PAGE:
I cannot easily believe that you would merely sit there in heaven, enjoying the Love that is God, and not participate in that love by continuing to ask God (i.e. pray to Him, i.e. intercede) to provide favors (i.e. grace) to your loved ones still here on earth. And I would not be surprised if, every now and then, the you-still-here on earth were to "speak" to some deceased member of family, such as a parent or sibling or spouse. And I would be greatly surprised if you never have offered up a prayer on behalf of some other person, living or recently deceased.

So it is with the saints in heaven, as Revelation (scripture) and reason demonstrate. And so it is with "patron" saints, who are merely saints that, as a matter of custom, we designate to pray for us on particular matters. And since we are all children of God, making us one family in Christ, those saints in heaven unrelated to us are part of our family as well.

Matt G said...

Setting aside the debate about who are actually Saints, and whether patron saints are actually Tradition or tradition, the concept of patron saints is simply an extension of our human experience.

What is a patron on earth? It's someone who supports your cause.

Damien, you probably have a friend or an acquaintance who's a "go-to guy" for cars or finances or something. Whatever it is, it excites them. They're interested in it and they find fulfillment in sharing their knowledge with you if you have a questions about it.

Patron Saints are just like that. They're people whom the Church has declared are in Heaven, who had a particular love of something during their lives. One of the most well-known examples of a patron saint is St. Francis, who loved Creation so much that he would preach the Gospel to anything that would listen, including his famous sermon to the birds. Thus he became the patron saint of animals.

When we die, we don't just get absorbed into heaven and become one of the teeming throng, indistinguishable from anyone else. We become more completely ourselves than ever. So it makes sense that our interests on earth would carry into the next life.

Gregory Kong said...

matt and flexo: My dear brothers in Christ;

Please understand... I do not want to argue with you; you will not change my opinion on this matter, nor do I particularly want to change yours.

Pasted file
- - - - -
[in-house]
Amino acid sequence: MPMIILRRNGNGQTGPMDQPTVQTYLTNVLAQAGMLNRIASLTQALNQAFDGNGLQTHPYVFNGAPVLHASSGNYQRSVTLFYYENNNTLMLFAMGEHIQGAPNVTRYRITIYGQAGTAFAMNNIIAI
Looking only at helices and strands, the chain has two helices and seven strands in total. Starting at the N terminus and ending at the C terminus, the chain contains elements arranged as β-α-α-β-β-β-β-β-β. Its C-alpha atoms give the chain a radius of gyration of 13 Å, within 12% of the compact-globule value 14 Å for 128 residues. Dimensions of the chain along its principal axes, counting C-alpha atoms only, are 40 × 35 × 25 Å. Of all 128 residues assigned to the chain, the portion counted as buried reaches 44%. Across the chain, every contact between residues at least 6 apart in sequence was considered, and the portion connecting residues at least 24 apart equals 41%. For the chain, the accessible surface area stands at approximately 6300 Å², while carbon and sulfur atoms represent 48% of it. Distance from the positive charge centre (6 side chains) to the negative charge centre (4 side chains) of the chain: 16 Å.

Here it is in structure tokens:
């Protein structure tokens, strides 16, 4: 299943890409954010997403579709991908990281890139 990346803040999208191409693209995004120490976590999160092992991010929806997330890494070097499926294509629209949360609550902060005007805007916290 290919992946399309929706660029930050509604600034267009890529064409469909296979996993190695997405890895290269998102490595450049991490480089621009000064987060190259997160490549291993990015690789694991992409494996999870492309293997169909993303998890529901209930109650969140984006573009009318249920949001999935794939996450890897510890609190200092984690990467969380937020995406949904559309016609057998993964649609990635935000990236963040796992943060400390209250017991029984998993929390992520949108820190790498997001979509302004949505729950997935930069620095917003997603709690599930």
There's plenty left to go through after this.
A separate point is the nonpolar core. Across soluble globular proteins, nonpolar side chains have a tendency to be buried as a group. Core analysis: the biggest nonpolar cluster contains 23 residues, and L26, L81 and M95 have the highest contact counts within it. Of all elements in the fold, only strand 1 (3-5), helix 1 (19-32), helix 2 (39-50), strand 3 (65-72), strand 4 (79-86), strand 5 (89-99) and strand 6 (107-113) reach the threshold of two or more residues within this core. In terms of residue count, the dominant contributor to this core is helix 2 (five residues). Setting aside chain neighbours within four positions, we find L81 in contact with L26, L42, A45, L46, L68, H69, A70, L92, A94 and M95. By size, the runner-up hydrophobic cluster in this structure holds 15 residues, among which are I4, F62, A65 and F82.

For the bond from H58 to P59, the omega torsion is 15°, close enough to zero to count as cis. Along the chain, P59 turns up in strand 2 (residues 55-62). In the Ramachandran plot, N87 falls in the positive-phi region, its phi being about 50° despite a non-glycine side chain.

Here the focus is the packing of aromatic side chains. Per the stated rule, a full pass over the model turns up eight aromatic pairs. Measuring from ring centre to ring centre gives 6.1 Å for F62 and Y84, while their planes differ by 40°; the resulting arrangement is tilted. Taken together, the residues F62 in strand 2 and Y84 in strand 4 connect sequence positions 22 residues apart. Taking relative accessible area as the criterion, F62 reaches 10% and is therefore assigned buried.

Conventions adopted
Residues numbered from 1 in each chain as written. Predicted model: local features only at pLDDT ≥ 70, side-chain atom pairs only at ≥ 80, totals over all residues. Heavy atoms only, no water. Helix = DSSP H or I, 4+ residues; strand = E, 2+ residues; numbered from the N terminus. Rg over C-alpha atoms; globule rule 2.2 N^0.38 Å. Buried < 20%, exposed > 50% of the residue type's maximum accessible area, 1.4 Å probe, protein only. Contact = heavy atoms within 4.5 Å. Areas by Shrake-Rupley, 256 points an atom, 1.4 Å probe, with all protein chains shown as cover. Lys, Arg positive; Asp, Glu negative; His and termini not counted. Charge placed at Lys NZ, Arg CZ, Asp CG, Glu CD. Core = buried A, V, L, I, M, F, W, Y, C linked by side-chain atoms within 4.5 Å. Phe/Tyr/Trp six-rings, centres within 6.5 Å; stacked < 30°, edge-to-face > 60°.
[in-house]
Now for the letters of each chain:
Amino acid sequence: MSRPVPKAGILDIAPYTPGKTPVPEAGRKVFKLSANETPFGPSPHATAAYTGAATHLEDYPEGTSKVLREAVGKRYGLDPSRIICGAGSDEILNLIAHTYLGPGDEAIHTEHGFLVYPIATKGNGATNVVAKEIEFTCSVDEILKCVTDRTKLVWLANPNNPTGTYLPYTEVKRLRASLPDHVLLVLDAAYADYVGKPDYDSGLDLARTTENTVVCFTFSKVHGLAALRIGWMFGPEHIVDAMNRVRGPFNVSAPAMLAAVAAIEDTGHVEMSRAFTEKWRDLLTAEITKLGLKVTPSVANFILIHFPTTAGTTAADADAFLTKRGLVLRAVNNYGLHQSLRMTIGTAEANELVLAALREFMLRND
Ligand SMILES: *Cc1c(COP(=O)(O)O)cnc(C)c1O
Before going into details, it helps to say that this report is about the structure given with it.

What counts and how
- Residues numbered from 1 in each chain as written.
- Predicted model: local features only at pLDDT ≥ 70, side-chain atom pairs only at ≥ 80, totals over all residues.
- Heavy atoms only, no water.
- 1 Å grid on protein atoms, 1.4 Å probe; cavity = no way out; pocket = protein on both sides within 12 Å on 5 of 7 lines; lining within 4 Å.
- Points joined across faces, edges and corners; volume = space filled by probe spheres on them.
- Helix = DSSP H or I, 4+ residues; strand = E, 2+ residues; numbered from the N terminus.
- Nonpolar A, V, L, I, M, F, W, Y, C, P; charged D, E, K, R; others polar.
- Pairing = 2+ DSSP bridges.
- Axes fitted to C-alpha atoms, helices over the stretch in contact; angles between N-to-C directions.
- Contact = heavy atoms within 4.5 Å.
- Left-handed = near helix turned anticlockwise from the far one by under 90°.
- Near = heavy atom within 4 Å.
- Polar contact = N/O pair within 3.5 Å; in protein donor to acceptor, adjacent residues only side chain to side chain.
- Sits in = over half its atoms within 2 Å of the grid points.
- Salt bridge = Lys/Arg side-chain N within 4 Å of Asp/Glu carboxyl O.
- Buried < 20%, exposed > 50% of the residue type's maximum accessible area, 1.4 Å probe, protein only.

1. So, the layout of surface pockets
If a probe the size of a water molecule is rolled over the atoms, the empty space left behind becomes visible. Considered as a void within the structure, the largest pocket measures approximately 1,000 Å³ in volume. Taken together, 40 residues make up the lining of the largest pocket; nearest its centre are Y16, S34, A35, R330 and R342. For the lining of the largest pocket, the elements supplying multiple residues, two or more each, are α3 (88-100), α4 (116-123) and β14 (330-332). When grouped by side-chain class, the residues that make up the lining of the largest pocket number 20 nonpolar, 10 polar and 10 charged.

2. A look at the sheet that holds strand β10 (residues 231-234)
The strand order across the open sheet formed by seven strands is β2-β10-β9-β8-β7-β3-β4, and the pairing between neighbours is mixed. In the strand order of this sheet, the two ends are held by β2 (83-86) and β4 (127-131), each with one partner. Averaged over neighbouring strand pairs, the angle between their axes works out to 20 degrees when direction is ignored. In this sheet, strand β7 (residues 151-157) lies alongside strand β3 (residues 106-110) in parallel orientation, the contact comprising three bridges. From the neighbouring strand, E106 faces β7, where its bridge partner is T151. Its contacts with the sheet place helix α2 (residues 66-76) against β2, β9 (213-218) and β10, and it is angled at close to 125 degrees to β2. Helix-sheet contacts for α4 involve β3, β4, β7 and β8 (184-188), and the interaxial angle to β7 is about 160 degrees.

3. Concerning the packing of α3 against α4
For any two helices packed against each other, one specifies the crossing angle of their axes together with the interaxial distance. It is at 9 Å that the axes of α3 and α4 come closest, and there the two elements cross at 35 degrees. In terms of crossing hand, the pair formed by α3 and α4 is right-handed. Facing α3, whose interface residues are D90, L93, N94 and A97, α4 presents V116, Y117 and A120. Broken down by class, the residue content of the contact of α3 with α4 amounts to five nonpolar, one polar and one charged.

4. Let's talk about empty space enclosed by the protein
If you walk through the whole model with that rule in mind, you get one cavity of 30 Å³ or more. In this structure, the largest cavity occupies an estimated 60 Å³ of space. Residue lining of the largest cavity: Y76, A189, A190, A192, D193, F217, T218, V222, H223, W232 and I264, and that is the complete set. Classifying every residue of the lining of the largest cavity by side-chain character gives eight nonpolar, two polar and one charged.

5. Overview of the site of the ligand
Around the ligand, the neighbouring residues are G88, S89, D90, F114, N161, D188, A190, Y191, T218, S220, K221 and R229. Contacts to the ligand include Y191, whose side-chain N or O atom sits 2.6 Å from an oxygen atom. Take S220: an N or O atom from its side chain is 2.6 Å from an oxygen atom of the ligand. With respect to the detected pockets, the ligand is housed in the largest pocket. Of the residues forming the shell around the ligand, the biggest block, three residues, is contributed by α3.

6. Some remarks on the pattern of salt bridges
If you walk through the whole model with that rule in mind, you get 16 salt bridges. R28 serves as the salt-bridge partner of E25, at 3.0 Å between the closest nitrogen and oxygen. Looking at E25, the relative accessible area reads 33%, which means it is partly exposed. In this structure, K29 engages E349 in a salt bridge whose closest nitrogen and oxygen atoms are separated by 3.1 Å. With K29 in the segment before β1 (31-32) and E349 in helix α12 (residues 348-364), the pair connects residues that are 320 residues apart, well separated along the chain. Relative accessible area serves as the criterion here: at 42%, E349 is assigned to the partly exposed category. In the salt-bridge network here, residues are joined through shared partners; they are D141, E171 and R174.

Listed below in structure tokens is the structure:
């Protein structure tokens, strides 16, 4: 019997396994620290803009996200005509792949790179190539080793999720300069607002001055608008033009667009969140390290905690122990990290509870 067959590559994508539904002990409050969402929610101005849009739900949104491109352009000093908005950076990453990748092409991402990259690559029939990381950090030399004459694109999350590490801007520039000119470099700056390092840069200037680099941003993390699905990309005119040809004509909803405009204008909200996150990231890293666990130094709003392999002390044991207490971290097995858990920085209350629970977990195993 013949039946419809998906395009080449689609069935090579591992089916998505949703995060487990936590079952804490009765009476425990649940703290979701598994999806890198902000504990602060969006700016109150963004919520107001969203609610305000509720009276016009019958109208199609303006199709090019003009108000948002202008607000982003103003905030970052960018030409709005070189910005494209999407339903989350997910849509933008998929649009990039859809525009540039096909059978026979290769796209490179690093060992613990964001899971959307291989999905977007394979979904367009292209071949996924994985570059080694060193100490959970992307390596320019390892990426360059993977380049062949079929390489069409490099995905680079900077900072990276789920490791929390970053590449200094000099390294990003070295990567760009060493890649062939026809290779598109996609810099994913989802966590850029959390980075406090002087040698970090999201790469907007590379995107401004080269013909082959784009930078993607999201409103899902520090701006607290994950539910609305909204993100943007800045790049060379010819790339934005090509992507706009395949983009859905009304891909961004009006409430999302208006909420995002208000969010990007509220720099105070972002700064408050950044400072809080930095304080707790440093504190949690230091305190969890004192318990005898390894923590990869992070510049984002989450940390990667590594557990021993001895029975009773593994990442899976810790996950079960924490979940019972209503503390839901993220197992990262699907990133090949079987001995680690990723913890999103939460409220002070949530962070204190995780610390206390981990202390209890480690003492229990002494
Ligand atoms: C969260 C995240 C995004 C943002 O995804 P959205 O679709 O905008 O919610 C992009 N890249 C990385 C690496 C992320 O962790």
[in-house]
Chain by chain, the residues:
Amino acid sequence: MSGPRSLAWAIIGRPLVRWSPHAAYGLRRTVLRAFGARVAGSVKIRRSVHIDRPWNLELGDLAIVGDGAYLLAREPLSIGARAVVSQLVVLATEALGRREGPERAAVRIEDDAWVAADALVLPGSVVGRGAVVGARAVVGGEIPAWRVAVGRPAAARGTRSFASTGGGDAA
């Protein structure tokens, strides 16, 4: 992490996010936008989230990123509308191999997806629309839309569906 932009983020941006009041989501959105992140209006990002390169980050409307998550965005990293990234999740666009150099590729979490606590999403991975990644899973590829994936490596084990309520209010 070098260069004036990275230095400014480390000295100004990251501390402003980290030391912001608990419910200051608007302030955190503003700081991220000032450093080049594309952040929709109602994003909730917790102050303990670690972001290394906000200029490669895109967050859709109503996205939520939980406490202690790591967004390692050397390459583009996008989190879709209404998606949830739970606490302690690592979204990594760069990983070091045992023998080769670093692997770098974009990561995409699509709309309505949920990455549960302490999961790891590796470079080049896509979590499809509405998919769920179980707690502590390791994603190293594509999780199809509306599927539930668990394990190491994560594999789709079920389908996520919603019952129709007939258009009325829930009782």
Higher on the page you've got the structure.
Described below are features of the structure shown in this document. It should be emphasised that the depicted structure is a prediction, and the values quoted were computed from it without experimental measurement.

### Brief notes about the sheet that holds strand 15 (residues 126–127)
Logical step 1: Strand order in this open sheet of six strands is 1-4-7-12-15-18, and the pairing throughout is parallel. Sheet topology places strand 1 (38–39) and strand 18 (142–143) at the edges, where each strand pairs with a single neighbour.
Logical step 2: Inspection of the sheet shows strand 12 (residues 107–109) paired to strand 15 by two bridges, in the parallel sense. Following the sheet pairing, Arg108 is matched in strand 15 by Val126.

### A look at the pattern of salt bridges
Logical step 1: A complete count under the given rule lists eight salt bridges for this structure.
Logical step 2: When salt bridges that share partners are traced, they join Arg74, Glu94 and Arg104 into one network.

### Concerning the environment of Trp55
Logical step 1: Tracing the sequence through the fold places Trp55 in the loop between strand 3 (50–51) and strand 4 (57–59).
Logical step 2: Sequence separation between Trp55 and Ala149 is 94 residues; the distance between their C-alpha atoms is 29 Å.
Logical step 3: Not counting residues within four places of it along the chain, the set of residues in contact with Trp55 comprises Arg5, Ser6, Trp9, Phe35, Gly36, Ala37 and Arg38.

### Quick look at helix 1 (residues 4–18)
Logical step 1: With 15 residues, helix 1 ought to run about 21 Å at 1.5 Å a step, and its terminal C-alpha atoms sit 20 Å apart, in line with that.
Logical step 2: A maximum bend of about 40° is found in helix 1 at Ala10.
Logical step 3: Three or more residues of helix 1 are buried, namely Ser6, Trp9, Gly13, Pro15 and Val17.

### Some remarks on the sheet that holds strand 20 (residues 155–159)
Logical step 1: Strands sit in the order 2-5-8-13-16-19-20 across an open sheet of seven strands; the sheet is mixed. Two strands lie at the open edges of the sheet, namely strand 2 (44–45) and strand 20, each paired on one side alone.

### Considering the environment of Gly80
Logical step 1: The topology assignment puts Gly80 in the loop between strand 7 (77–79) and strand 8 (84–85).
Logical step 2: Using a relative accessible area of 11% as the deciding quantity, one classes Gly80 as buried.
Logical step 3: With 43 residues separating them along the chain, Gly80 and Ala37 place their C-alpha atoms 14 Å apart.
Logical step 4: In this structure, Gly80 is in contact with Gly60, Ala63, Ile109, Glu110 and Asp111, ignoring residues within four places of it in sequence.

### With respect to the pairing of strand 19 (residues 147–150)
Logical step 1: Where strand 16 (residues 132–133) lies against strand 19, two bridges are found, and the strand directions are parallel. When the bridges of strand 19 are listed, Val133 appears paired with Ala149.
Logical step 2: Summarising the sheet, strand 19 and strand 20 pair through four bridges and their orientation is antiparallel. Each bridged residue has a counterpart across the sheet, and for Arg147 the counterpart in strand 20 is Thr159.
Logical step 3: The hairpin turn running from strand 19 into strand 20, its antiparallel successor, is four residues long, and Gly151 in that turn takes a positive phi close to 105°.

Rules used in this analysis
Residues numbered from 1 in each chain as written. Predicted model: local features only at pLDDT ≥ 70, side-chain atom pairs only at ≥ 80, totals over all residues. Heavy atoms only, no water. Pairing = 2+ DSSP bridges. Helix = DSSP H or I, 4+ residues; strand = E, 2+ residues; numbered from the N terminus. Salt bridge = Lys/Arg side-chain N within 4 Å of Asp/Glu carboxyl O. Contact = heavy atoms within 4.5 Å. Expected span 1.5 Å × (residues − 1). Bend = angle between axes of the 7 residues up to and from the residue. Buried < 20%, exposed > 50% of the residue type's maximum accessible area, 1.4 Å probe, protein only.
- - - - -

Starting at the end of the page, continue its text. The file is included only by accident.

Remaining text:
St. Augustine of Hippo himself says, "In essentials, unity; in other things, diversity; in all things, charity" Which I believe should be the way we Christians relate to each other, denomination or no.

Our blog host wanted to know what Patron Saints were; I simply provided the Anglican perspective. It would be interesting to hear what our Orthodox brethren have to say.

But... it must be pointed out (again) that this is a people-led initiative. I do not recall any Saint declaring himself/herself as the patron saint of anything or anywhere.

I do not know what happens when we die. My personal belief is that we are taken out of this universe's space/time continuum; that 'Heaven' is a different spiritual dimension that is not part of the universe, and hence it is meaningless. I am also cognizant of the fact that Jesus in one of His parables speaks of the rich man, Lazarus and Abraham as if it were possible to interact with the living still.

Ad Majorem Dei Gloriam. That is what matters at the end of the day.

Flexo said...

Gregory -- may God be with you.

I do not mean to argue, only to explain so that others might have a greater understanding. Engaging in dialogue, even across the religious spectrum, is useful in obtaining that understanding, and such dialogue need not degrade into us-against-them arguments. It is not a matter of changing "opinion" -- you and they are perfectly free to agree or not -- but a matter of continuing down the road on this search for truth.

Matt G said...

@ gregory kong:

I also do not wish to argue, and my comments were in no way intended to change your views. To clarify, if the Church "declares" someone a Patron Saint, it is simply saying that the person exhibited in their lives a personal interest in whatever topic. You are absolutely right that it is a people-led initiative. In fact, the process of canonizing any Saint is people-led, as they are the ones who must bring such a cause to the Church in the first place.